Tripiti / Pikilassos: Some 9 km to the west of Agia Roumeli, on the ridge above the Tripiti gorge and near the old city of Pikilassion or Pikilassos, the Turks built another large fort to oversee any rebel movements through the Tripiti gorge. This was not in a line of sight to any of the forts to the east. It is believed that access to this fort was either from the north as there are paths that link this area to Koustogerako or through the path west to Sougia and had a line of communication to the west, to Sougia, from an observation post, possibly from the location of where today is the chapel of Profitis Illias, at the southern tip of the ridge. Such a post would have also enabled the Turks to monitor any rebel movements approaching that area. Captain Spratt who passed through this area in 1852 did not report the existence of such a chapel there, so it is possible that once the Turks left the area the Sfakians built a chapel in its place.
The fort is located at 35 14’ 32.8″ N 23 51′ 57.8” E at 305m elevation and although ruined, it is quite evident that it was of a significant size to house a large permanent garrison and it is again two stories high with internal walls dividing it internally into certain functional areas.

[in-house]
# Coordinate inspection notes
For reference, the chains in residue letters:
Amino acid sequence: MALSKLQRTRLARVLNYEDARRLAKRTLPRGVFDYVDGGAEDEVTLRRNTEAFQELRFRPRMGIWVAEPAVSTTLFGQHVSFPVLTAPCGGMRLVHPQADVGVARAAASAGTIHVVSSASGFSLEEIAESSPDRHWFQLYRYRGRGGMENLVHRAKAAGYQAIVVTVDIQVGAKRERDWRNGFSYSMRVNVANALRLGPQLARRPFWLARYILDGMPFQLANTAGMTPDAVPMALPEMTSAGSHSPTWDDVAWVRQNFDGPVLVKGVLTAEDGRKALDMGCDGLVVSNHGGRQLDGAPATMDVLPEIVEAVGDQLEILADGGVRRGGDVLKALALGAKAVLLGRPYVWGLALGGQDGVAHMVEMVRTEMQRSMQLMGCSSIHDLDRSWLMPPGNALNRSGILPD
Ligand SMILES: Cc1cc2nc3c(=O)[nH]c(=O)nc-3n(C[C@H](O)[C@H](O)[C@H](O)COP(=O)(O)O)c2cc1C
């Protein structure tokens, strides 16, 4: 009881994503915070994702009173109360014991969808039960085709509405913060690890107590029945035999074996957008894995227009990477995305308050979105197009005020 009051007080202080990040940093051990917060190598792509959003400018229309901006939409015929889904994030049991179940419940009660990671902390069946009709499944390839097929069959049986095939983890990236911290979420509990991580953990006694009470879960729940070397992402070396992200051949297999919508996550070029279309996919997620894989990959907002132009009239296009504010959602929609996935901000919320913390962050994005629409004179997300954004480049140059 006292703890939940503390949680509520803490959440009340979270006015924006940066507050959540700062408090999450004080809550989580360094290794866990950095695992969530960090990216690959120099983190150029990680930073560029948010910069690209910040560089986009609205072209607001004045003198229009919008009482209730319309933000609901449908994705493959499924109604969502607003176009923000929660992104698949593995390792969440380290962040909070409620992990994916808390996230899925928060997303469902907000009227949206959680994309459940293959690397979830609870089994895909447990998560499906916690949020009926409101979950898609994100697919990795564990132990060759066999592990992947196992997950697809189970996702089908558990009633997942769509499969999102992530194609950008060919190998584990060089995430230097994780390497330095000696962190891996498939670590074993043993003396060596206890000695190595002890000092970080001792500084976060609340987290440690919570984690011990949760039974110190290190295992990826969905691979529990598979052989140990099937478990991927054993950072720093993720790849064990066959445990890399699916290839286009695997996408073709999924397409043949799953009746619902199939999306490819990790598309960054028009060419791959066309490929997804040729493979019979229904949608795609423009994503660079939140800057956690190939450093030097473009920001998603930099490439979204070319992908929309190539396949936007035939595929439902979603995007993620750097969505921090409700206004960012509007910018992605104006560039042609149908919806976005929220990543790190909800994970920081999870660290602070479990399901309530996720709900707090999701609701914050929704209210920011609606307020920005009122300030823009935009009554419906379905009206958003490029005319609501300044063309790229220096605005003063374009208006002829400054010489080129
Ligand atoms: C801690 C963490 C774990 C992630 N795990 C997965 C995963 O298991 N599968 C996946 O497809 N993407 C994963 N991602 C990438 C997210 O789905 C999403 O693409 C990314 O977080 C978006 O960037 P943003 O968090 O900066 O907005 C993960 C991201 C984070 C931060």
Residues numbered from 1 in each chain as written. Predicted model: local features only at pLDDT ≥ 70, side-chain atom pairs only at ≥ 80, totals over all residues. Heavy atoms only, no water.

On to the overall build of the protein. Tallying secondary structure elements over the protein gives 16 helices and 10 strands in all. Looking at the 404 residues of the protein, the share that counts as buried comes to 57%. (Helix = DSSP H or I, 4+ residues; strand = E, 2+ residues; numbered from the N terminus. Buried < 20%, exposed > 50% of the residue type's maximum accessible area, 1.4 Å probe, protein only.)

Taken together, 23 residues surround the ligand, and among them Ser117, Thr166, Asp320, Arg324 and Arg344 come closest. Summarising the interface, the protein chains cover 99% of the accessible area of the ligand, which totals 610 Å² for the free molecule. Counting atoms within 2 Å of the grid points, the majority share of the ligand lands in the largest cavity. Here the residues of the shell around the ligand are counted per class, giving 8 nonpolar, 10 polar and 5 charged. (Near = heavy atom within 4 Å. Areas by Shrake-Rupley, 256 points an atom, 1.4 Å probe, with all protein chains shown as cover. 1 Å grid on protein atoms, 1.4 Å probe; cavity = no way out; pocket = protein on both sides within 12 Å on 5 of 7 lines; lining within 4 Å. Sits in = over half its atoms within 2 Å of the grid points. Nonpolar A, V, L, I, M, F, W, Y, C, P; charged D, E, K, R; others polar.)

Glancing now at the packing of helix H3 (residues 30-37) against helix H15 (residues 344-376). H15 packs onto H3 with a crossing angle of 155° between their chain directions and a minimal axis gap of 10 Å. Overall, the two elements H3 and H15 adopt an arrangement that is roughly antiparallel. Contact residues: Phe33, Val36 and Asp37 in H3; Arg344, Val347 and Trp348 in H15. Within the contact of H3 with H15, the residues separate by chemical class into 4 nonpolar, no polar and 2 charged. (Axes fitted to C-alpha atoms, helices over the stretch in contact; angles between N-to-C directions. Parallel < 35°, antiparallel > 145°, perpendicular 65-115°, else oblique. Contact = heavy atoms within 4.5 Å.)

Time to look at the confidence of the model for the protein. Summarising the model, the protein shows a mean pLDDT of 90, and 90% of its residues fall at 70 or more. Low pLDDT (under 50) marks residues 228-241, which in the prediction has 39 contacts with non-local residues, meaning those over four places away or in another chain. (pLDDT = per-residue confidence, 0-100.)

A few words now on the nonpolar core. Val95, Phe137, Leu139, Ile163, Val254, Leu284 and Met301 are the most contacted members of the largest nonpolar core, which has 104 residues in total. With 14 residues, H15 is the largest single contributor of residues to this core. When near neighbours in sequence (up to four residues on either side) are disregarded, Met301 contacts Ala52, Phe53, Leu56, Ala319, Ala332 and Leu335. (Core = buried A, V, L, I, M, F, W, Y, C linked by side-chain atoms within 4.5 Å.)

The pictures above indicate the strategic position of where today’s chapel of Profitis Illias is located (top right hand picture, white dot at the top of the ridge), while the two lower pictures indicate that only from the chapel’s position Sougia can be seen, where the next fort was, some 5 km away.
Sougia: This area has not been explored yet to determine where the location of the local fort was with direct view of Tripiti and the Chapel of Profitis Illias. Although this is outside Sfakia it needs to be determined to close the line of communication from the Turkish forts in Sfakia to a location outside Sfakia that eventually connects to the north of the island
Now we come back to the last fort built by the Turks in Sfakia, in the heart of the previously unconquered Samaria gorge, just above the Smaria village.
The Samaria village fort is above the village in a NE direction, about half hour walk from the village at 35 17’ 43.48” N 23 57’ 35.03” E at 515 m elevation. This fort had a direct line of view to a fort at Xyloskalo, the northern entrance to the Samaria gorge which in turn was linked to a series of forts on the Omalo plateau and from there to Lakkoi. This is also ruined but its size indicates that it was built to house a permanent garrison which was supported by troops from the Xyloskalo and other forts from the Omalo plateau.